First, define segments for mobile users:

Then, do the same for desktop:

Next, in Custom Reports you need to set up the comparison of your desired segments. For this purpose just select the ones you need from the list:

Of note, the above configuration is just a simple example. Whatever your business requirements, you’ll be able to easily juxtapose various operating systems and browsers. You can also define segments to compare how different locations or regions perform – for instance, DACH vs Benelux, America vs Europe – or have a closer look at devices, channels, etc.

Then, using a report called an explorer you can present the segment data in charts and tables.

Here’s what they look like:


Date range comparison

Now we’ll compare time periods. But before you dive into your report, bear in mind that web traffic is seasonal. At different times of the year you run different campaigns depending on your business strategy. Visitors tend to be less active in the summer or around holidays, and you need to take that into consideration when you contrast and analyze various time frames.

Finding out when visitors engage more with your content and when there are fewer bounces on various sites could be an enormous help for you in spotting the best-performing content across different time periods.

For instance, in August of last year, what landing page recorded the highest engagement time and the highest number of page views? That would be a great clue to start your analysis and compare results between this year and last.

So, if you want to compare the same periods from this year and last year, here’s a possible setup:

Pro tip: To maintain the seasonality of the week you should select the same range of days of the week.

In the example above:

2018: December 1st is Saturday and December 13th is Thursday. So when choosing dates, make sure the days of the week match; in other words, pick the following dates for 2017: December 2nd (also Saturday) and December 14th (also Thursday).

And here you get your charts:

And here’s a table:

Voilà! Your report is ready. The table provides you with a complete view of the compared periods. The change column shows the differences in percentages, so you can better see all the shifts that take place during the analyzed periods.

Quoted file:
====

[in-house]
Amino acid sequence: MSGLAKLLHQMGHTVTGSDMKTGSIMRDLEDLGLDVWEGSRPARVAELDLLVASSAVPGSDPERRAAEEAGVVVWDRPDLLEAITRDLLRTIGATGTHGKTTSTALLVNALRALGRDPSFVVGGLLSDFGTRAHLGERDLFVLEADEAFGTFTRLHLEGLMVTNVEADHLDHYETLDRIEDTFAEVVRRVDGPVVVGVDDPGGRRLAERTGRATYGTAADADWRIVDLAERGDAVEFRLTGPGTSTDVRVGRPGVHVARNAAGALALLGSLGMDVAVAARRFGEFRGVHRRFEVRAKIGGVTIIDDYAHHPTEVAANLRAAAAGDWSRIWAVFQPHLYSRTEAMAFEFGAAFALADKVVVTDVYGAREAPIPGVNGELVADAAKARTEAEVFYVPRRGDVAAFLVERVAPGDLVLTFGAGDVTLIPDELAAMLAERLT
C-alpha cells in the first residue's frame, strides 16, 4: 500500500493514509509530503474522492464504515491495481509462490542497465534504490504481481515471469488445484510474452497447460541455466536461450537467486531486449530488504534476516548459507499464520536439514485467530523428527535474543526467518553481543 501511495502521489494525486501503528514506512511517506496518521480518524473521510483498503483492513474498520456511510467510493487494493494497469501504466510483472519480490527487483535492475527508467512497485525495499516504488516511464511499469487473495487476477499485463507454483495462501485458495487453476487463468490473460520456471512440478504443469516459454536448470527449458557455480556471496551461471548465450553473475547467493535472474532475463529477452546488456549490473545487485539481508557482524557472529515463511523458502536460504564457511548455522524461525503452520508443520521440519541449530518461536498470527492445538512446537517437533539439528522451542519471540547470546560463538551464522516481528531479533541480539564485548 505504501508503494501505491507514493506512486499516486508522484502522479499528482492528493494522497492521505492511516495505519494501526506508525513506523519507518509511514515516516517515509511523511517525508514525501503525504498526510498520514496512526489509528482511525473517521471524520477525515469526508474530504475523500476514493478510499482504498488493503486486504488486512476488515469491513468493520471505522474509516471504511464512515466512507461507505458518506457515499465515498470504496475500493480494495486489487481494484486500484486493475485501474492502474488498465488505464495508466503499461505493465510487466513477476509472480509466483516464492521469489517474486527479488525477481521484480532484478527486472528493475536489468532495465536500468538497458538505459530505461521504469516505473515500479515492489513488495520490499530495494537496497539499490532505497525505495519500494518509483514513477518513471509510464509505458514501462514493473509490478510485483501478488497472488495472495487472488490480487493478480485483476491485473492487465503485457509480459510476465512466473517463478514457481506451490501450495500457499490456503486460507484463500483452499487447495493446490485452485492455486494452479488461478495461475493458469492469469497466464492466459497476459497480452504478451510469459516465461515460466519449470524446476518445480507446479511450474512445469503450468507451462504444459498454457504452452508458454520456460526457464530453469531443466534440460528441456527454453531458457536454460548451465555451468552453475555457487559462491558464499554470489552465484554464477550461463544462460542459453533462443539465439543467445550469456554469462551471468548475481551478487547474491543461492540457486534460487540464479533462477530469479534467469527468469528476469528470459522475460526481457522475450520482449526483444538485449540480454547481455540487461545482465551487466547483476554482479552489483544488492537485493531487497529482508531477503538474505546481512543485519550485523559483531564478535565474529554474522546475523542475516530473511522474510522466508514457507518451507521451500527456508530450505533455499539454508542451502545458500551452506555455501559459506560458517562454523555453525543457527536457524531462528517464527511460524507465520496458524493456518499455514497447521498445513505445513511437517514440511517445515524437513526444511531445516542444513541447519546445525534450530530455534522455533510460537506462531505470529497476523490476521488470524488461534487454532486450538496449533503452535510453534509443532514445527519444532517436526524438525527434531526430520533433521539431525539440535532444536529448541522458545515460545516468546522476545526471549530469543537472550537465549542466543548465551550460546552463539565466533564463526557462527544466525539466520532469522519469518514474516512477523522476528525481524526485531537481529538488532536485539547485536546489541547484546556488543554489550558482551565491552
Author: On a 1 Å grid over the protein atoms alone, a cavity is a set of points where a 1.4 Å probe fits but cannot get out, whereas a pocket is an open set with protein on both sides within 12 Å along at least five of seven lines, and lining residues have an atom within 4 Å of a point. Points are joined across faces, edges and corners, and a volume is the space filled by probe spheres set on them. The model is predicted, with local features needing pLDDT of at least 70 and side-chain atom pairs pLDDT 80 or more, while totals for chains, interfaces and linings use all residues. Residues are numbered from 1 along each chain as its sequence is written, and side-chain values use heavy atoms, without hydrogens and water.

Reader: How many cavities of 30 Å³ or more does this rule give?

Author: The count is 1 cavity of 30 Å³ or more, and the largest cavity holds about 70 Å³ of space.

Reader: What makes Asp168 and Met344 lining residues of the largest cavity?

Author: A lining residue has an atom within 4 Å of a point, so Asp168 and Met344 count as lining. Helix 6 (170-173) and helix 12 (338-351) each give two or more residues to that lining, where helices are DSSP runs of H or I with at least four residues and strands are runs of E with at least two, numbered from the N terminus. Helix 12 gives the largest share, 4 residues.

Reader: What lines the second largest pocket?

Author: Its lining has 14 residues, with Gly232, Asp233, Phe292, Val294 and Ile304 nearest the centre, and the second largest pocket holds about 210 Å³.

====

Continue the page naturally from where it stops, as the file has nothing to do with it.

Such analysis helps you find not only trends you should follow, but also their source, giving you a wider perspective of your web or app performance. On another note, if the report reveals some serious dropoffs, you can easier find users’ pain points and fix them on the spot.

Final thoughts

You’ve got a wealth of data at your fingertips thanks to your analytics, so you need to make sure you have a sound strategy in place to benefit from it. This means paying attention to trends and traffic seasonality. You can always consider making a small change and then tracking it to see the results – if it works you can keep it, if doesn’t then you drop it.

Sometimes it’s a small tweak that can make a big difference. On top of that, by knowing how to segment your visitors, you will be able to optimize your tactics even more finely. All that lets you provide content, products and offers at the right time and to the right audience.

We hope that this post has helped you learn how to get better insights and make your website flourish. And if you have any questions about today’s topic or want to find other ways to act on your data…

Get in touch with us


Karolina Matuszewska

Senior Content Marketer

Writer and content marketer. Transforms technical jargon into engaging and informative articles.

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Szymon Grzesiak

Head of Marketing Technology

Marketing expert with over 10 year experience in SEO and SEM campaigns. Last years mostly worked on the B2B lead acquisition. Wordpress webmaster with HTML and CSS knowledge. LinkedIn Profile